I bought some red denim & prewashed. It turned the inside of my washer red! I want to set the color before I put it in my denim quilt. Which is it?
I, personally, wouldn't trust a quilt to one of these products. I always use Synthrapol in the first wash water, with a new quilt, and it takes care bleeding dark colors.... navy blue, and red I can personally attest to. It's available on line and at many nicer quilt/fabric/sewing machine shops.
Synthrapol does not actually 'set' dyes, it washes away any unfixed dye. Retayne is the only product that will set fixed dye AND wash away unfixed dye.
Of the salt or vinegar choice, it's vinegar, but it's very risky and I would not use it. If you do, be sure to rinse VERY throughly because vinegar can eat the fabric for years to come. Check out the link below for more info.
Here is a link that might be useful: Bleeding Fabric FAQ
When I noticed that the dk blue of my backing fabric color was fading onto my hands while I quilted it, I called the people who sell both Synthrapol and Retayne. I explained what was happening and asked which I should use...they said Synthrapol. The fading blue color did not bleed into the other fabrics and I've not had a problem with the quilt since...that's why I put Synthrapol into the first washing of every new quilt.
synthrapol for finished quilts. retayne for new fabrics that you want to wash before using.
I have heard dawn works well too.
I was the one who said that the instructor in my fabric dying class used Dawn to get out the dye that had not bonded with the fabric. I'd still err on the side of caution, washing one more time and adding a color catcher to be sure that the fabric was truly done bleeding dye.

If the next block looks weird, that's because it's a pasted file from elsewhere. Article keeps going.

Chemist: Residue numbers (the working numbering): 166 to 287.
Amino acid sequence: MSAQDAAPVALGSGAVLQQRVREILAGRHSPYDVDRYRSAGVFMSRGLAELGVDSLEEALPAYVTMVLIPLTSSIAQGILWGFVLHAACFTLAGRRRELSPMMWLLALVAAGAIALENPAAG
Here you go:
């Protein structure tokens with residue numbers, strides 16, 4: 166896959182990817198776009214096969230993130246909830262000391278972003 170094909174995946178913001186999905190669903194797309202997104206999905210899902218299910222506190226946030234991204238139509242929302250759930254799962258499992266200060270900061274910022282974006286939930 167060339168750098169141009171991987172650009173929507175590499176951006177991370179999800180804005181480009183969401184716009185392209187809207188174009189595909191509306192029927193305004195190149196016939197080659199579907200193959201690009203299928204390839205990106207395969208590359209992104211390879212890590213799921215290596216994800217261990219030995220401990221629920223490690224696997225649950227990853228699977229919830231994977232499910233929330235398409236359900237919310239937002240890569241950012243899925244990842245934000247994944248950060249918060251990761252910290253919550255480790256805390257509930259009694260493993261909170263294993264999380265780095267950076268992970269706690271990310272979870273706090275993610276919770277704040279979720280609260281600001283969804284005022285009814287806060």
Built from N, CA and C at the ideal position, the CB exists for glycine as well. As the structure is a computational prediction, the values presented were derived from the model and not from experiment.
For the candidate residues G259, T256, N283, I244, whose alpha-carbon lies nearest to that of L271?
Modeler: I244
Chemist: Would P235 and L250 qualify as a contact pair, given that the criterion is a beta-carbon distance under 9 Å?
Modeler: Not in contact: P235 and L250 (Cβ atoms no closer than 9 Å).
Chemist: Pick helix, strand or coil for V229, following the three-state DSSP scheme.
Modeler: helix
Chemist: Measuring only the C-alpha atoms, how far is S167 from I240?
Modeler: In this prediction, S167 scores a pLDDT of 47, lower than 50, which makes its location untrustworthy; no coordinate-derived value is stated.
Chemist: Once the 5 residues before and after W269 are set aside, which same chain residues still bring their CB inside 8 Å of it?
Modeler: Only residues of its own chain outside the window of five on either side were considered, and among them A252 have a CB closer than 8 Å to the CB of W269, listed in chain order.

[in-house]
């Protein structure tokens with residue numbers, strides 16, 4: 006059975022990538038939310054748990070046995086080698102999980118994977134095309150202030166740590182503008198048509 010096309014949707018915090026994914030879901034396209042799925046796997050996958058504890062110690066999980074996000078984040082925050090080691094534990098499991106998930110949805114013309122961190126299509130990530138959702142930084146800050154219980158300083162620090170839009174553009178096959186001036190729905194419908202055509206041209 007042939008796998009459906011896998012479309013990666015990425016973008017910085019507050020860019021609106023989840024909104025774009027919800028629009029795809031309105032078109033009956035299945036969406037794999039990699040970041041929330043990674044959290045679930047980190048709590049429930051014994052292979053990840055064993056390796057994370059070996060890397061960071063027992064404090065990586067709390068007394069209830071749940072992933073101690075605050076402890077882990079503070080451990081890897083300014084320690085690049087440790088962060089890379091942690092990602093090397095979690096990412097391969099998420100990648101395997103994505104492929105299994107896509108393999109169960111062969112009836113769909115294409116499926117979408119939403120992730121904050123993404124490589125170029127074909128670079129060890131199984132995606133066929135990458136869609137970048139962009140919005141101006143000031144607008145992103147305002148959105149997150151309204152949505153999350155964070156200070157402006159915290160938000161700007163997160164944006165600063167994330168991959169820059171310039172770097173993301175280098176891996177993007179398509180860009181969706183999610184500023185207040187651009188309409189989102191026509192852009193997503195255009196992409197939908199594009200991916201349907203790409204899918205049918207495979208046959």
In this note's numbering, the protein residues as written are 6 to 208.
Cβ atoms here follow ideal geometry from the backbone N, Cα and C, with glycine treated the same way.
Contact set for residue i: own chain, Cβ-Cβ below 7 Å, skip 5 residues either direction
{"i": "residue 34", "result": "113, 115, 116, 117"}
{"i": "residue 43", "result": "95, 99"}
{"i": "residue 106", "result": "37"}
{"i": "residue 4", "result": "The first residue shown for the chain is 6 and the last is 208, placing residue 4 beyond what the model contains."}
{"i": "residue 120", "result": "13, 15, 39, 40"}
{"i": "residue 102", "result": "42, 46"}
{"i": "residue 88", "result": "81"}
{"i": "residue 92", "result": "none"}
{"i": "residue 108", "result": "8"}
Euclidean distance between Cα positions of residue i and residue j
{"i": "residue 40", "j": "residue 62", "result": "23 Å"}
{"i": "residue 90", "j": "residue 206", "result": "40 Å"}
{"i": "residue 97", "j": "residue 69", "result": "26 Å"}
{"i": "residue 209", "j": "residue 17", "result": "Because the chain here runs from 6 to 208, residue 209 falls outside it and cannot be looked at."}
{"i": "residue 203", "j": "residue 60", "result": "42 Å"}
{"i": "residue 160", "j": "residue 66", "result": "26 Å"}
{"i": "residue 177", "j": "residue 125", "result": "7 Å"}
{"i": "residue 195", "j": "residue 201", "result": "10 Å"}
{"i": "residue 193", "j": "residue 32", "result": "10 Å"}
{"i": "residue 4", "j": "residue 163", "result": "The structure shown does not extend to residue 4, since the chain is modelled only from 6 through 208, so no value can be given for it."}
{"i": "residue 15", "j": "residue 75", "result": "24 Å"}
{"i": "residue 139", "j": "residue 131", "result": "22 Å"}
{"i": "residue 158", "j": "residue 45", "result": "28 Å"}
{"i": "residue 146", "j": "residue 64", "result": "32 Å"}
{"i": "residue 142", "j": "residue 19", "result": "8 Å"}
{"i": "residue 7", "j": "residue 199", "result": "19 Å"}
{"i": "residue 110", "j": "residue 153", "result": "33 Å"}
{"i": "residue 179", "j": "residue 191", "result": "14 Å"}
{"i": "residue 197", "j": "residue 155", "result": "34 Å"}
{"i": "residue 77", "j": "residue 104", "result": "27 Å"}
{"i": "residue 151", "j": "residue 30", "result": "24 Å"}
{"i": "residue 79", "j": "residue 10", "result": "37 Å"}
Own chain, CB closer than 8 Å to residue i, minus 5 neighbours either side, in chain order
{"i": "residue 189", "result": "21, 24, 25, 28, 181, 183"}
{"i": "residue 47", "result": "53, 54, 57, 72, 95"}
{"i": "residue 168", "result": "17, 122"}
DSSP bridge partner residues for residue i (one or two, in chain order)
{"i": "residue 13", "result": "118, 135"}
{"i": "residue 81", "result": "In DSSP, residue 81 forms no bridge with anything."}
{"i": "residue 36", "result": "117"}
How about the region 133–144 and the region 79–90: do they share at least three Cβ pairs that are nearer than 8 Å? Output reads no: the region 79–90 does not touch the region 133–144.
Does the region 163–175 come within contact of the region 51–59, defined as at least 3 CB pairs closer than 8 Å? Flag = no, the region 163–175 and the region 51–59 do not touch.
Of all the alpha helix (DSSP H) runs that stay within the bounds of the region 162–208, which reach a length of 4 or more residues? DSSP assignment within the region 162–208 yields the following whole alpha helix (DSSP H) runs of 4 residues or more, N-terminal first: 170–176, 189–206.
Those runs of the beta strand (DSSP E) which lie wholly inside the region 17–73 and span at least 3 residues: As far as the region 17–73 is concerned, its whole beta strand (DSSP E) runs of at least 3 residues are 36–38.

It can be salt OR vinegar depending on (1) the fiber content & (2) type of dye stuff.
But I'd be careful of using vinegar, as it's a form of acetic (or ascorbic) ACID (I forget which). If not rinsed out or diluted, it will over time damage the strength of the fibers.
When I was in college, they taught to use a drop of bleach on a Q-tip to remove a bit of dye dripped in the wrong place (in a batik for example). Folks who didn't take care to dilute the bleach afterwards, had the rude surprise of the bleach literally eating thru the fibers, resulting in a whole in the cloth. I'll grant you bleach is a much stronger form of it, but they're both types of acids.
That is not the case w/ salt.
I'm sorry for the typo, I meant to type "hole in the cloth".
Very true, pirate girl. And while salt will not eat holes in the fabric, it will eat holes in the washer. Use it for hand treating only! (vinegar is acetic acid, btw, and is also a stop bath for bleach [though the least effective] which I'm guessing you already know)
Save this thread to your hard drive, because it's good insurance against a disaster.
OK-Great advice. Now can someone please tell me what to do about my particular problem? I was ready to piece together my quilt, when I realized I had forgoten (old age)to prewash the red fabric I'd used for the cherries. Problem, red cherries on a white background. I'm sure that the red is going to bleed without some kind of treatment.